In ASEAN (Association of Southeast Asian Nations), Thailand is considered as the region’s leader with regards to its effective response to the HIV/AIDS epidemic. In order to understand the epidemic, it is essential to investigate one of its significant drivers: HIV-related stigma. Hence, this research study assessed the experiences of stigma as well as the healthcare-seeking behavior of male expatriates with HIV/AIDS in Thailand.
A PLHIV (People Living with HIV) questionnaire was used as the survey tool in this study. The questionnaire focused on three main domains: socio demographic characteristics, health-related stigma, and disclosure and confidentiality. Health-related stigma targeted three specific forms: anticipated stigma, experienced stigma, and internalized stigma. Together with the questionnaire is a semi-structured interview which probed further the answers provided by the respondents as they were guided during data collection. The methodology of this study is descriptive qualitative and explanatory in describing the stigmatization experiences of the respondents and their healthcare-seeking behavior.
Findings suggest that health-related stigma is still persistent, which made the respondents avoid or delay going to a healthcare facility. Specifically, the response categories that were prominent in anticipated stigma include the feeling of not being sick enough, high cost of healthcare services, and the location of healthcare facilities being near their workplace that induces fear that they might be seen by their colleagues. Internalized stigma was also prominent as majority of the respondents felt guilty and ashamed of their HIV status resulting to their avoidance or delay in going to a healthcare facility.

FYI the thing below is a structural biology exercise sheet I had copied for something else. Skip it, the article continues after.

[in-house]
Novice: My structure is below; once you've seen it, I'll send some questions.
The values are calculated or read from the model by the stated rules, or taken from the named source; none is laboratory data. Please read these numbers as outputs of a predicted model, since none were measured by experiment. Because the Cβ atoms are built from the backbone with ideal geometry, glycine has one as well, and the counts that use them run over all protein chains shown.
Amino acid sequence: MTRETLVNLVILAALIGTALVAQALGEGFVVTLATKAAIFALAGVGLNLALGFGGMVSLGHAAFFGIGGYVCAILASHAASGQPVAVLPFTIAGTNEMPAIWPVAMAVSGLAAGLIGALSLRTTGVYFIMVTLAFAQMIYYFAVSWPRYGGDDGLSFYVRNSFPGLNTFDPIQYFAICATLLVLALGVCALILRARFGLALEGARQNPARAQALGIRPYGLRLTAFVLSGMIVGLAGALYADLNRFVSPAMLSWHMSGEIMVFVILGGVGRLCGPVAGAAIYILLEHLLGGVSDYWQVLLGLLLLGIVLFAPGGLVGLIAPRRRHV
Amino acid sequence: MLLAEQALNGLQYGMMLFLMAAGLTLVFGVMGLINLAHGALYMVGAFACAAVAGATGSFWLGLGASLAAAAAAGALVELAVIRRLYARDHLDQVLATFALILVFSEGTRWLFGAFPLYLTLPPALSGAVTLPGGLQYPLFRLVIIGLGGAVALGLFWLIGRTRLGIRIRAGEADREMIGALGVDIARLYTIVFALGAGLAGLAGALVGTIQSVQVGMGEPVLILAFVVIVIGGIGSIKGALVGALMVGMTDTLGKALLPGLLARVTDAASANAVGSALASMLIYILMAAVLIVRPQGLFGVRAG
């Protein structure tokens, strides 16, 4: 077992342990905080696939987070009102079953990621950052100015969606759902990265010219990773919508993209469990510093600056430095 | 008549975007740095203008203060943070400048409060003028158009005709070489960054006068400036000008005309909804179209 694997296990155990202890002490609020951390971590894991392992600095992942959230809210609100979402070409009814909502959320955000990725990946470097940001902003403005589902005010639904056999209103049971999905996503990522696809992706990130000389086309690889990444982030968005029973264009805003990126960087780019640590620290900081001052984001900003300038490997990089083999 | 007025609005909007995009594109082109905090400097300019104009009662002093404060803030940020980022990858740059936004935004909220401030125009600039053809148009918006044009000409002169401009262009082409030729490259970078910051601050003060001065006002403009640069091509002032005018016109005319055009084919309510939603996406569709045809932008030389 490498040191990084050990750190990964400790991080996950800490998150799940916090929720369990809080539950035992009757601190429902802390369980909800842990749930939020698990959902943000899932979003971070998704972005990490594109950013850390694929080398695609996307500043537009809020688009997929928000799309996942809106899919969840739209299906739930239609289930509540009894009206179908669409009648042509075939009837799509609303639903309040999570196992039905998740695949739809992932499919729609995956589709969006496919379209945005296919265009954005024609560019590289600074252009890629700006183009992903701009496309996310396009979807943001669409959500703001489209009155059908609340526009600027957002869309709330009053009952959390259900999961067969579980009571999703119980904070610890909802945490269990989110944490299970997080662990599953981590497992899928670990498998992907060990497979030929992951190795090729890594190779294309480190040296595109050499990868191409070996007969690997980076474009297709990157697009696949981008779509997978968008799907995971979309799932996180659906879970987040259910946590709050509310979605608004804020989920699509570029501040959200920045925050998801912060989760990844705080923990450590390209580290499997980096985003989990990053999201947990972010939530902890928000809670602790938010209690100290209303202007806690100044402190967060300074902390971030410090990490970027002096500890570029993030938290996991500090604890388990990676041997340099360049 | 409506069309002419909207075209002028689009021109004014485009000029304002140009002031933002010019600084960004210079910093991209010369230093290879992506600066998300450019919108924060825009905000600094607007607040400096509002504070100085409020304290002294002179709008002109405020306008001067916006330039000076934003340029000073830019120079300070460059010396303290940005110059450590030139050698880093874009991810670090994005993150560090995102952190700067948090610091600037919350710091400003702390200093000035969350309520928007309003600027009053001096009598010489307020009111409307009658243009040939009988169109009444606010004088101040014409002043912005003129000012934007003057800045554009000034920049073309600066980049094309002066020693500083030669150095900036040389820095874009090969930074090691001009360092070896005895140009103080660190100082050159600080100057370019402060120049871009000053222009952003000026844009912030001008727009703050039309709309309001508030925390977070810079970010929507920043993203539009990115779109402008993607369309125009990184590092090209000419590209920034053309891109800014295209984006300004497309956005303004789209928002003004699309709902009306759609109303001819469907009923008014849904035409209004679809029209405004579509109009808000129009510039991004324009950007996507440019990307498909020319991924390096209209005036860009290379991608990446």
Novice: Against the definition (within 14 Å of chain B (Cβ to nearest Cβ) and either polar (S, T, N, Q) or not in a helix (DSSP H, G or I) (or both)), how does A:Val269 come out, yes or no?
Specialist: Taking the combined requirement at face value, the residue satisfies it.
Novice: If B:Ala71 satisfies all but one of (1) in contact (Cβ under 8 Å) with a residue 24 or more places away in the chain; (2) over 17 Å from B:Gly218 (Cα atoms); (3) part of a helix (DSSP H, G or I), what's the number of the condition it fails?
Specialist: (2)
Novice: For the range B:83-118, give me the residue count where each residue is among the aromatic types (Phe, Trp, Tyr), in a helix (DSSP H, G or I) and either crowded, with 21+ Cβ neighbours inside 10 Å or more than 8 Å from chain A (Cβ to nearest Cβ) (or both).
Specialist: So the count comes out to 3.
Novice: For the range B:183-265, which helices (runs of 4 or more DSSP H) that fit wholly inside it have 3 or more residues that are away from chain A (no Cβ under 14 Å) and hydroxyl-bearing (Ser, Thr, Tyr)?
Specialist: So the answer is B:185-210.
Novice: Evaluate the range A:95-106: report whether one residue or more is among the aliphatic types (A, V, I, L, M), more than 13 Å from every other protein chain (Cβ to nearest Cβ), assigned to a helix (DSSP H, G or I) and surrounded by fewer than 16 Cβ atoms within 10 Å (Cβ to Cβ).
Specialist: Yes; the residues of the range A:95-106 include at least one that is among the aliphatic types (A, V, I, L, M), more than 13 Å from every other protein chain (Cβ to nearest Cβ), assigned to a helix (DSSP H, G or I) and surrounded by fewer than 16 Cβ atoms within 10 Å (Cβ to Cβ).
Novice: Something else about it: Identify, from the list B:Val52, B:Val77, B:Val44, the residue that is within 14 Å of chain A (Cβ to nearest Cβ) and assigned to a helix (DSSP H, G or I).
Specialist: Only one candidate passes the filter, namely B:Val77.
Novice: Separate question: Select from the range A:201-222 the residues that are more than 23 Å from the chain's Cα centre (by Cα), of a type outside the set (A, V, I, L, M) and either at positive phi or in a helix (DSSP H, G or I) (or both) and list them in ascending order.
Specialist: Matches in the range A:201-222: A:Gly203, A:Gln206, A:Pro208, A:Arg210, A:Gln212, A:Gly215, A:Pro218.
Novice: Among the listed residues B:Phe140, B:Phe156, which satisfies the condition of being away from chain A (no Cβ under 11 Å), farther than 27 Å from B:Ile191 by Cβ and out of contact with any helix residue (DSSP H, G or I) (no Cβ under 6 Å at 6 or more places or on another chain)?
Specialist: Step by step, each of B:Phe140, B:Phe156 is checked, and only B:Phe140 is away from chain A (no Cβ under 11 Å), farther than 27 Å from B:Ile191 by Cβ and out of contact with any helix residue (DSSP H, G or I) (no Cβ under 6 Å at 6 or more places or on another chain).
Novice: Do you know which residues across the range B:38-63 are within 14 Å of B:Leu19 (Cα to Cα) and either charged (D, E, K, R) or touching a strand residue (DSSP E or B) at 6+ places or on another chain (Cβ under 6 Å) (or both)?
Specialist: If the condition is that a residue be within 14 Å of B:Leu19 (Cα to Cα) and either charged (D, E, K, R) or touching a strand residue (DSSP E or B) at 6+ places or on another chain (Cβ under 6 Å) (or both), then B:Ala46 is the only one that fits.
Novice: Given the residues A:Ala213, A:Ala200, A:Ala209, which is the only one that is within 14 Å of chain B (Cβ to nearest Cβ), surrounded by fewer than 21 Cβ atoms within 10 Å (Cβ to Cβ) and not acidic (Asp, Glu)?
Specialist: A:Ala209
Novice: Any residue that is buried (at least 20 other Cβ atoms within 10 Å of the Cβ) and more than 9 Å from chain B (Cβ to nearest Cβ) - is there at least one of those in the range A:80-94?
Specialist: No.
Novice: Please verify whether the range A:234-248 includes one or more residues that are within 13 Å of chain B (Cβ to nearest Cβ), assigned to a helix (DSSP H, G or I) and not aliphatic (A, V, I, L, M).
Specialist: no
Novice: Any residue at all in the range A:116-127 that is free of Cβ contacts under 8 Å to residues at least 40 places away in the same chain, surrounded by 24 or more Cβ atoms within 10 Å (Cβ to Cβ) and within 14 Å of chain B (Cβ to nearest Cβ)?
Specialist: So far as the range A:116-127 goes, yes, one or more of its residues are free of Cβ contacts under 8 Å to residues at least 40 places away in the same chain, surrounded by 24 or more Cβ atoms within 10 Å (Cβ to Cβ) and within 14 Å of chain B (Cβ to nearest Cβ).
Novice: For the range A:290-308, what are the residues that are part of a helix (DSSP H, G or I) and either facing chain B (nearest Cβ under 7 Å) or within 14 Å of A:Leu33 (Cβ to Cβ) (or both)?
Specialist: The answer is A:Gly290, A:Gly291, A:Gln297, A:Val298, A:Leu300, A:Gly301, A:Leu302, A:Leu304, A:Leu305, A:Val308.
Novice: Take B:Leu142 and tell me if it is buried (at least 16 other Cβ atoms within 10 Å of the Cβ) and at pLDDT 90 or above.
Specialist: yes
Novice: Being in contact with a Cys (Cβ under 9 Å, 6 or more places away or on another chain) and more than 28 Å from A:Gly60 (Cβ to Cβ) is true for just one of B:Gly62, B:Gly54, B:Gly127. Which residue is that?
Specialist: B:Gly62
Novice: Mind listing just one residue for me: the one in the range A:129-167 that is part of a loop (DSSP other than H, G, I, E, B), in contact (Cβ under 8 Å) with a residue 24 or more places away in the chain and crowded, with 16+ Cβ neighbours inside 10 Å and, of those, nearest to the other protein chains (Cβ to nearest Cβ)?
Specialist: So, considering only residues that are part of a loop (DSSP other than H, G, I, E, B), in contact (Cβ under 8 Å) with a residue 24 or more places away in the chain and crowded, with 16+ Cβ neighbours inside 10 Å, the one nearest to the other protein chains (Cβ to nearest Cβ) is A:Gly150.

The results of the study can be used in the development of programs and interventions that will help reduce the three forms of health-related stigma. Moreover, there is a need for expatriates in Thailand to be oriented with the details of their health insurance in order for them to determine if HIV-related laboratory tests and procedures are included in their health insurance program. This research study also suggests the recognition of expatriates as an HIV-affected group that is in need of intervention in order that national policies can focus on their development.